The Vanishing Throne (The Falconer #2)
Published on June 21, 2016
About The Vanishing Throne
Everything she loved is gone.
Trapped. Aileana Kameron, the Falconer, disappeared through the fae portal she was trying to close forever. Now she wakes in an alien world of mirrors, magic, and deception—a prisoner of the evil fae Lonnrach, who has a desperate and deadly plan for his new captive.
Tortured. Time after agonizing time Lonnrach steals Aileana’s memories, searching for knowledge to save his world. Just when she’s about to lose all hope, Aileana is rescued by an unexpected ally and returns home, only to confront a terrifying truth. The city of Edinburgh is now an unrecognizable wasteland. And Aileana knows the devastation is all her fault.
Transformed. The few human survivors are living in an underground colony, in an uneasy truce with a remnant of the fae. It is a fragile alliance, but an even greater danger awaits: the human and fae worlds may disappear forever. Only Aileana can save both worlds, but in order to do so she must awaken her latent Falconer powers. And the price of doing so might be her life…
After I read the first book in The Falconer series, I couldn’t wait to read this one. Somehow it still took me like two years to do it, though. Oops.
What I loved: witty banter between characters, and one new character in particular. I loved Kiaran’s sister. She’s not at all like the stereotypical fae with the moodiness or aloofness. She has this open curiosity and goofy sense of humor but still feels like a member of the fae somehow. I liked her a lot. I also really enjoyed Aileana’s friend, a pixie named Derek. I’d forgotten all about him between books, but once he came back on the scene, I was hooked all over again.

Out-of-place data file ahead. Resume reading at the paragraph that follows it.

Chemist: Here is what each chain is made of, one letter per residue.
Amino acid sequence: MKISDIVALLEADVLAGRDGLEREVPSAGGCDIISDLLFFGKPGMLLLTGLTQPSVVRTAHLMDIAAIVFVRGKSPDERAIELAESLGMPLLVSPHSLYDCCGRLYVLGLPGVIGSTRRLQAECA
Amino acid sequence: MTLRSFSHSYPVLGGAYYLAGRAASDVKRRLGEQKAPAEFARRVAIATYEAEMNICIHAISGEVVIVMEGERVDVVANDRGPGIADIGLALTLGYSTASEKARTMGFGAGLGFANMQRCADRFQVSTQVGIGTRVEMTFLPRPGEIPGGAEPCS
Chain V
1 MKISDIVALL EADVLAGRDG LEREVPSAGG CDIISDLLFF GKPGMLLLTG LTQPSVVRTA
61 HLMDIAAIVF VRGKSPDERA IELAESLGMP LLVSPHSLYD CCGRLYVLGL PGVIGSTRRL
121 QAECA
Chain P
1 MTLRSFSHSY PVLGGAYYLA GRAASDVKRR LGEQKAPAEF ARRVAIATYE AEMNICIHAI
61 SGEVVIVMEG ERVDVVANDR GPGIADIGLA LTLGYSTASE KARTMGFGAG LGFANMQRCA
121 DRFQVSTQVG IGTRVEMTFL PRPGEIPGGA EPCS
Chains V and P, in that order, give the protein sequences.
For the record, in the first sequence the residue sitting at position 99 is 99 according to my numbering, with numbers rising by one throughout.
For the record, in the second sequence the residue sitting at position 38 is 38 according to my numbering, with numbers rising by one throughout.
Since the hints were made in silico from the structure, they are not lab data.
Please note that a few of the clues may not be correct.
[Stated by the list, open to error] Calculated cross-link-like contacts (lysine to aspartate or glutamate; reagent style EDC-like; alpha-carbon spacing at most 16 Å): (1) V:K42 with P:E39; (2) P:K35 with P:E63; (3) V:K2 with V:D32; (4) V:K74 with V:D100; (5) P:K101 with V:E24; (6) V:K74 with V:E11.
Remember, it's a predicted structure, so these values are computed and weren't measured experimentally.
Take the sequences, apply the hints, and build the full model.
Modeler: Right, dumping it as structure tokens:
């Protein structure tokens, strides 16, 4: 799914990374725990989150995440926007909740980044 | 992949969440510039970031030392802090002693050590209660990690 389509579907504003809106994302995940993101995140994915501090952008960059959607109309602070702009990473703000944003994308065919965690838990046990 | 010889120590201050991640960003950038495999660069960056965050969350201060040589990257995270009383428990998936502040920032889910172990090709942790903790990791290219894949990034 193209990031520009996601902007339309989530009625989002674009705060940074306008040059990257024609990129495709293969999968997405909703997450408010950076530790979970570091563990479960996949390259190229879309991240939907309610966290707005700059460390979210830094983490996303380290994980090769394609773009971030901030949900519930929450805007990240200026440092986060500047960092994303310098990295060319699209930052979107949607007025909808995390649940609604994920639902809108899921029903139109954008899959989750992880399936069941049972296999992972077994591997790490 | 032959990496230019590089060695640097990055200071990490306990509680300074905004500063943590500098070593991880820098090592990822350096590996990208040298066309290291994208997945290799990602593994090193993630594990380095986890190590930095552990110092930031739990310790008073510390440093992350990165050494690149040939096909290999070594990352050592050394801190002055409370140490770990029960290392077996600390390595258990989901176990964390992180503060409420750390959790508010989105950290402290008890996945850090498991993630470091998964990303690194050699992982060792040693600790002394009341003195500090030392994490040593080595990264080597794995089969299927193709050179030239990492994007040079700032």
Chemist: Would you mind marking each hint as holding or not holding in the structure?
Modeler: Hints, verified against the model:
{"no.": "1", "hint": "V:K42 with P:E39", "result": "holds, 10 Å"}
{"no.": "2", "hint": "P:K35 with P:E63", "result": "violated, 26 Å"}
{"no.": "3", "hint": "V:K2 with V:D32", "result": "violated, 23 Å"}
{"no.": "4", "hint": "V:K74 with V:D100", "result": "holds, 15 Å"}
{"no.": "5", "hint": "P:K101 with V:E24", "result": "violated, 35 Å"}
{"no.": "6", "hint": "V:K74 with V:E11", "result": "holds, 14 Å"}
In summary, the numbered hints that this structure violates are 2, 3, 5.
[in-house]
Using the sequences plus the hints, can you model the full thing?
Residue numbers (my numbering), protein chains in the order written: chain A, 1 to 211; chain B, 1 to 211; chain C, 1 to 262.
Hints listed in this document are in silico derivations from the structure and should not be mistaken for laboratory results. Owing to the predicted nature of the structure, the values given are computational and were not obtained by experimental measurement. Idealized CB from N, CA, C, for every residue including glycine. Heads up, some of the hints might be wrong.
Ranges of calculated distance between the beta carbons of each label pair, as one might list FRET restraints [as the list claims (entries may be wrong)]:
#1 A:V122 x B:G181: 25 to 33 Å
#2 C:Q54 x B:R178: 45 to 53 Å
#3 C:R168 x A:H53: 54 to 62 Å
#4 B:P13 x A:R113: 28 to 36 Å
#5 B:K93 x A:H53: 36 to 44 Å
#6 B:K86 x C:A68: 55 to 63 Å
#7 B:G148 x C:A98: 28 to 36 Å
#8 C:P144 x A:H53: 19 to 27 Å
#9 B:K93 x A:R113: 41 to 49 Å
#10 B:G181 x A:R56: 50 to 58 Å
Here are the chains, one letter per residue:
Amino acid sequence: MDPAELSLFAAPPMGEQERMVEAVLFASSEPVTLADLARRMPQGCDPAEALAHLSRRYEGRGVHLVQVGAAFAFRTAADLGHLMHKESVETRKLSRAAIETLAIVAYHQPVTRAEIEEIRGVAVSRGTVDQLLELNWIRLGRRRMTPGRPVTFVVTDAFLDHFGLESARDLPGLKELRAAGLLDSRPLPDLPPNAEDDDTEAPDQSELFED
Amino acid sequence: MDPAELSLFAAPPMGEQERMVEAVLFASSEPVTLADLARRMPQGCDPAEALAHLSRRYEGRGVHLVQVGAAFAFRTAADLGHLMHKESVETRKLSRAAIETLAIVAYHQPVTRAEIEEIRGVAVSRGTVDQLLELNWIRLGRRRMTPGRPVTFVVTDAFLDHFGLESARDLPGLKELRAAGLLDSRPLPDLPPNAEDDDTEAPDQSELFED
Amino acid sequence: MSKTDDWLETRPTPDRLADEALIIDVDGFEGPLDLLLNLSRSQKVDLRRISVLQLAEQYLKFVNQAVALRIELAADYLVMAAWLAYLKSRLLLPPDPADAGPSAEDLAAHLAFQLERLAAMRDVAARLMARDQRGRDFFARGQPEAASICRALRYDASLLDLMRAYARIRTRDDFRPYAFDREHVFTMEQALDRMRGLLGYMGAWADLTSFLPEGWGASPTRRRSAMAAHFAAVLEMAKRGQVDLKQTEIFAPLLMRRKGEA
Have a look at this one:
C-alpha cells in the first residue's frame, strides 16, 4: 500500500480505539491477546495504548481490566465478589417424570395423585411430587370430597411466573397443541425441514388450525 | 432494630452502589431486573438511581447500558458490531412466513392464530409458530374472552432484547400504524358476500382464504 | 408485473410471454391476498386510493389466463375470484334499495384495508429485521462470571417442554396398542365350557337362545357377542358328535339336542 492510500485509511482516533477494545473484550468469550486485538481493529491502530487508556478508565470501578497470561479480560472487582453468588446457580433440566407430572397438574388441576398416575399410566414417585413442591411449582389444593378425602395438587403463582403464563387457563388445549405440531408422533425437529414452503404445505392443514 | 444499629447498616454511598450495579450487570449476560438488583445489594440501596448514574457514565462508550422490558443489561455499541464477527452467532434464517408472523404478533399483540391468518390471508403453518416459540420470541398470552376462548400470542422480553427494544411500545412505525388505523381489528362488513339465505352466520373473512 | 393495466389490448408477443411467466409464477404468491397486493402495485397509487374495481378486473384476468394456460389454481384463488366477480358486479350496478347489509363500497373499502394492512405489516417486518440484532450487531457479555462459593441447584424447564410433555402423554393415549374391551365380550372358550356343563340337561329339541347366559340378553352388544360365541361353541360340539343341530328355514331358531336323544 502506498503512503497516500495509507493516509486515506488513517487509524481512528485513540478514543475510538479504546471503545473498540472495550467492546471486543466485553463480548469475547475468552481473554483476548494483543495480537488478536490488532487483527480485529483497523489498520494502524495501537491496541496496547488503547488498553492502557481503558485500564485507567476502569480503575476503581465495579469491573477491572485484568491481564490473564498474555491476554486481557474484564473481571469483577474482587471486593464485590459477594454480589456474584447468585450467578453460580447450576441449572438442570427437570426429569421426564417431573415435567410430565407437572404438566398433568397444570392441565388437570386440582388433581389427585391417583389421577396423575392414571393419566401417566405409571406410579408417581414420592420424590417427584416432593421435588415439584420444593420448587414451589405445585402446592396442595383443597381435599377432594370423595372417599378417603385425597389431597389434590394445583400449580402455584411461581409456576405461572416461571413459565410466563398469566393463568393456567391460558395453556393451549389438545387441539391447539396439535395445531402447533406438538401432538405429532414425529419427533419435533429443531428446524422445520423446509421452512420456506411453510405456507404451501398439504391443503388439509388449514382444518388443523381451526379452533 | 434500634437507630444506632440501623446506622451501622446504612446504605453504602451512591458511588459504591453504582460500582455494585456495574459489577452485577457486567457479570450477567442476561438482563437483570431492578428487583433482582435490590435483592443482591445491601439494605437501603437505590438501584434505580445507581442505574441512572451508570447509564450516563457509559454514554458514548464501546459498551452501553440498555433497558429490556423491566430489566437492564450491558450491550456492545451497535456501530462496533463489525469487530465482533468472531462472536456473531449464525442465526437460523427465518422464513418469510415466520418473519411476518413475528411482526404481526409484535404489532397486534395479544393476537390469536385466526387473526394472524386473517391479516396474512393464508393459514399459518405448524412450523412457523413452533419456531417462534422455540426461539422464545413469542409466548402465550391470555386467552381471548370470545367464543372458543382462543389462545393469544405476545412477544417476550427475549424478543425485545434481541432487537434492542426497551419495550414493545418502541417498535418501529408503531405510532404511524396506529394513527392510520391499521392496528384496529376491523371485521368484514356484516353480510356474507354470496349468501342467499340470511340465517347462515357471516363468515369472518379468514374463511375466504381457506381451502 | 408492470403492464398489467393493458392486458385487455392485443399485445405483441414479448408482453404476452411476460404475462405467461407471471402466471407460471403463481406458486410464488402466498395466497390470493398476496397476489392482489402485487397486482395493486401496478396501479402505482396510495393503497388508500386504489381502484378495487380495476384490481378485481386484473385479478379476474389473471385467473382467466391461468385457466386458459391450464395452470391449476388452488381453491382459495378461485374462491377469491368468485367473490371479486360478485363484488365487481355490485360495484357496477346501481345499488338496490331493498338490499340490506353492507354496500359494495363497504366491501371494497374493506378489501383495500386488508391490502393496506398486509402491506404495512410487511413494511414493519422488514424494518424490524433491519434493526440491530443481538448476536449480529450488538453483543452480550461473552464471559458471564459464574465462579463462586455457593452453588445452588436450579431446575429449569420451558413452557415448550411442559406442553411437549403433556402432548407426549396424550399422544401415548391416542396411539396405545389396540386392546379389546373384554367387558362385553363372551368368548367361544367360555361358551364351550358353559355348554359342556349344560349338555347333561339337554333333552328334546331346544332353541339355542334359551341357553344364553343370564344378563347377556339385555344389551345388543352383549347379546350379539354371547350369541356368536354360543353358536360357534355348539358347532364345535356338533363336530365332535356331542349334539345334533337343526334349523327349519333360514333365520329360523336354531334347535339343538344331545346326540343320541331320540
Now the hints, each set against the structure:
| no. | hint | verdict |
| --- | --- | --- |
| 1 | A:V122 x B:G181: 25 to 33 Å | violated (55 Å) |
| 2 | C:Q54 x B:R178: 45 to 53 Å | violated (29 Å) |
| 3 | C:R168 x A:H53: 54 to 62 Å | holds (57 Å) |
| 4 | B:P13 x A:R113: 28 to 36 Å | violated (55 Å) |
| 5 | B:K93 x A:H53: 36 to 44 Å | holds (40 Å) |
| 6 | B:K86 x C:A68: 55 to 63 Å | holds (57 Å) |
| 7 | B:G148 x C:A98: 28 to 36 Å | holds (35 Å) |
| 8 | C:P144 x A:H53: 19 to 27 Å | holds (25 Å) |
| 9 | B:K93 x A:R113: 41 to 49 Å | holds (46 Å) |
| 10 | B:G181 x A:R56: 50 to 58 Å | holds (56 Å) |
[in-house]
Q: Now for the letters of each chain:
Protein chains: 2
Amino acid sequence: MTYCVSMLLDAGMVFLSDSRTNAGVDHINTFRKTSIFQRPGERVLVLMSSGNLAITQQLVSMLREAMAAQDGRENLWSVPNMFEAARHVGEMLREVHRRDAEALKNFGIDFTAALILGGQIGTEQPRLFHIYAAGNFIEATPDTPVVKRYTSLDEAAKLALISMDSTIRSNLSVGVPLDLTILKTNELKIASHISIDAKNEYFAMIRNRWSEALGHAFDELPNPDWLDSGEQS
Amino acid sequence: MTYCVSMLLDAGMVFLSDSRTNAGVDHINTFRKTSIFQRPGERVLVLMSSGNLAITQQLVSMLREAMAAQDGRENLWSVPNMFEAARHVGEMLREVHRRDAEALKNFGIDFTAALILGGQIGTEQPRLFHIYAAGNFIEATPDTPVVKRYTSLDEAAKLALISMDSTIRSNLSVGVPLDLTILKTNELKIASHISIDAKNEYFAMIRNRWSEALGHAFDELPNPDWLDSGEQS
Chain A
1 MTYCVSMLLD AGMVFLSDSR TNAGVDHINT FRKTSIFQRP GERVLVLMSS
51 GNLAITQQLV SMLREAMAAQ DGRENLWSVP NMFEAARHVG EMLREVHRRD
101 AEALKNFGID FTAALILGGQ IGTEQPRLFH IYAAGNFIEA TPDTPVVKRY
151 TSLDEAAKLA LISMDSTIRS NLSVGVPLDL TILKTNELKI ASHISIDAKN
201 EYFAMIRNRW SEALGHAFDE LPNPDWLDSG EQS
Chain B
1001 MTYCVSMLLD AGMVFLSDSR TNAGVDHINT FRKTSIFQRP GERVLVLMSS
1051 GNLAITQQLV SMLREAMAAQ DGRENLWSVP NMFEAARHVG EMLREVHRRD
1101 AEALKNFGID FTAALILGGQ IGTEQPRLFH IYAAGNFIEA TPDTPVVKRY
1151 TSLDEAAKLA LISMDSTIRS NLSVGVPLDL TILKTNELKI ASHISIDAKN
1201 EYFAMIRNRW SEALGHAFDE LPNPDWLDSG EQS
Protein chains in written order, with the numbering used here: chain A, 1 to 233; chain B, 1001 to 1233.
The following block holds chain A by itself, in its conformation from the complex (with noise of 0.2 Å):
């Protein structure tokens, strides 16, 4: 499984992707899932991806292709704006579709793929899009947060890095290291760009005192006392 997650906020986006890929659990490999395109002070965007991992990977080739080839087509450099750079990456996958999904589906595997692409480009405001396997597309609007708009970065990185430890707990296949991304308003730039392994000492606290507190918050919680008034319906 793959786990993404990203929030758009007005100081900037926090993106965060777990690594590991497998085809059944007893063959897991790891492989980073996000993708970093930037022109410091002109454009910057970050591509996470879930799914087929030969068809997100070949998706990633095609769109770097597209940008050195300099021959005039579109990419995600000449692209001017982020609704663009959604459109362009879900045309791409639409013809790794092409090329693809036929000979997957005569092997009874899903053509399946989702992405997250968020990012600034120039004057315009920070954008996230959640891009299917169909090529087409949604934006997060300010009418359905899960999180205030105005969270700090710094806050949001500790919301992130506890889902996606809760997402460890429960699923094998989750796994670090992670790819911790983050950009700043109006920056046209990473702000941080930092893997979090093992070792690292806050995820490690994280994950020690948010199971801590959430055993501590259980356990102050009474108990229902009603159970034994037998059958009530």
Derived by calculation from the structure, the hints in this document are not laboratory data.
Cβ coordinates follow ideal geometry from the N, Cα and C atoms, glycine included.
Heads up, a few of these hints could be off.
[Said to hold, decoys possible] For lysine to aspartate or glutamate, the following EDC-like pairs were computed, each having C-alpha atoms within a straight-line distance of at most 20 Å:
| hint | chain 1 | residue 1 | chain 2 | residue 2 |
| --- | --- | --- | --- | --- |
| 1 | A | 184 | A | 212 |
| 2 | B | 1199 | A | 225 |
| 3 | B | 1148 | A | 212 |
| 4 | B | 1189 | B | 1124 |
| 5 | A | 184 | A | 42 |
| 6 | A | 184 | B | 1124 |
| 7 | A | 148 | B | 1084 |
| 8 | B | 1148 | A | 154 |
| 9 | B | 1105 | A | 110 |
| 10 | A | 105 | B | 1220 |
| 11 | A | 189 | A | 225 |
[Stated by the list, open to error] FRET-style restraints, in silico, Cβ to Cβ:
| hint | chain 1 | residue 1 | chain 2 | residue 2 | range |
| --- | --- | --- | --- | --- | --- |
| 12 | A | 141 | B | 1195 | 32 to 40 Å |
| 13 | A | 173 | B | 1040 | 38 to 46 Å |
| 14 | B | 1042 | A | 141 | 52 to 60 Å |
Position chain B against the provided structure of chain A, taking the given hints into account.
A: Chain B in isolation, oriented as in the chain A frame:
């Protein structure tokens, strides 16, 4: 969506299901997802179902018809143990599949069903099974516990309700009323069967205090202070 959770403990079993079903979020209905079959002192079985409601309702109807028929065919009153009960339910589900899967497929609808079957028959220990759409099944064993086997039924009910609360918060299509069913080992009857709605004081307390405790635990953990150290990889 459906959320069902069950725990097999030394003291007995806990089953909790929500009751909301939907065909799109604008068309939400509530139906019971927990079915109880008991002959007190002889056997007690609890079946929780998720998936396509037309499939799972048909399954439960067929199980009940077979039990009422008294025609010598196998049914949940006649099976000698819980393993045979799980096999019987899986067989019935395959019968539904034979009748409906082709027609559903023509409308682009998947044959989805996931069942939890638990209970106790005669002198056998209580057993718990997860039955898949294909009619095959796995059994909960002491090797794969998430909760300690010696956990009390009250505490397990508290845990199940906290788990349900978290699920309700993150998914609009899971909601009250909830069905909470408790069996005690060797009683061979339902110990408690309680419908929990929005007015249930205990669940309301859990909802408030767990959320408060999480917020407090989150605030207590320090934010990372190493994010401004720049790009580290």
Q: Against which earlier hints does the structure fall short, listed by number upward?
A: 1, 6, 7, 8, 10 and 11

The romance element remains strong and some very interesting plot twists place a lot of obstacles between Aileana and her happily-ever-after. Some of those twists took me completely by surprise, but they made so much sense looking back. I love when a story has a turning point like that, where it makes you go back and see all the earlier parts differently.
One thing that I kind of missed from The Falconer is that Aileana used to be much more concerned with propriety. She makes sure to have boundaries in her relationships with men. In this book, she has no thought for boundaries or her future. Some of that makes perfect sense, since the story has a much more post-apocalyptic feel, so it would be weird if her feelings about her future didn’t change. I guess there wasn’t really a point where she evaluated her beliefs and changed. She kind of just gets swept up in her relationship with Kiaran and never appears to think about any consequences to her actions. It wasn’t a huge deal in the story, but for anyone who read the first book thinking the series wouldn’t have any sex in it because of the time period it’s set in and Aileana’s personal beliefs, just know that isn’t true.
Reading Vanishing Throne made me super interested in reading the series finale, Fallen Kingdom. I love the strong heroine and the memorable characters, so I’m definitely eager for more. The series is a great pick for fans of Julie Kagawa.
The story is set in Scotland, so most characters are white and upper class.
Profanity/Crude Language Content
Mild profanity used very frequently. A few instances of stronger curses.
Kissing between man and woman. One scene shows them undressing and going to bed together. It’s obvious they have sex but not graphically described.
The story contains faeries and monsters who possess magic. Some humans have specialized abilities which allow them to sense faeries or resist their magic. Some fae have an alliance with humans and use magic to protect them.
If a human dies and comes back to life, they may return with the ability to see the Fae. It can also unlock other gifts.
Battle scenes with some descriptions of injuries. Aileana is captured by fae at one point and tortured. Mostly her torture is mental. For instance, eventually, the isolation becomes a huge burden and she becomes eager for her captor’s visits. He bites her repeatedly, and his venom causes some additional pain.
Fae bites inject a venom that humans find addicting. At one point, a small group sit together drinking whiskey.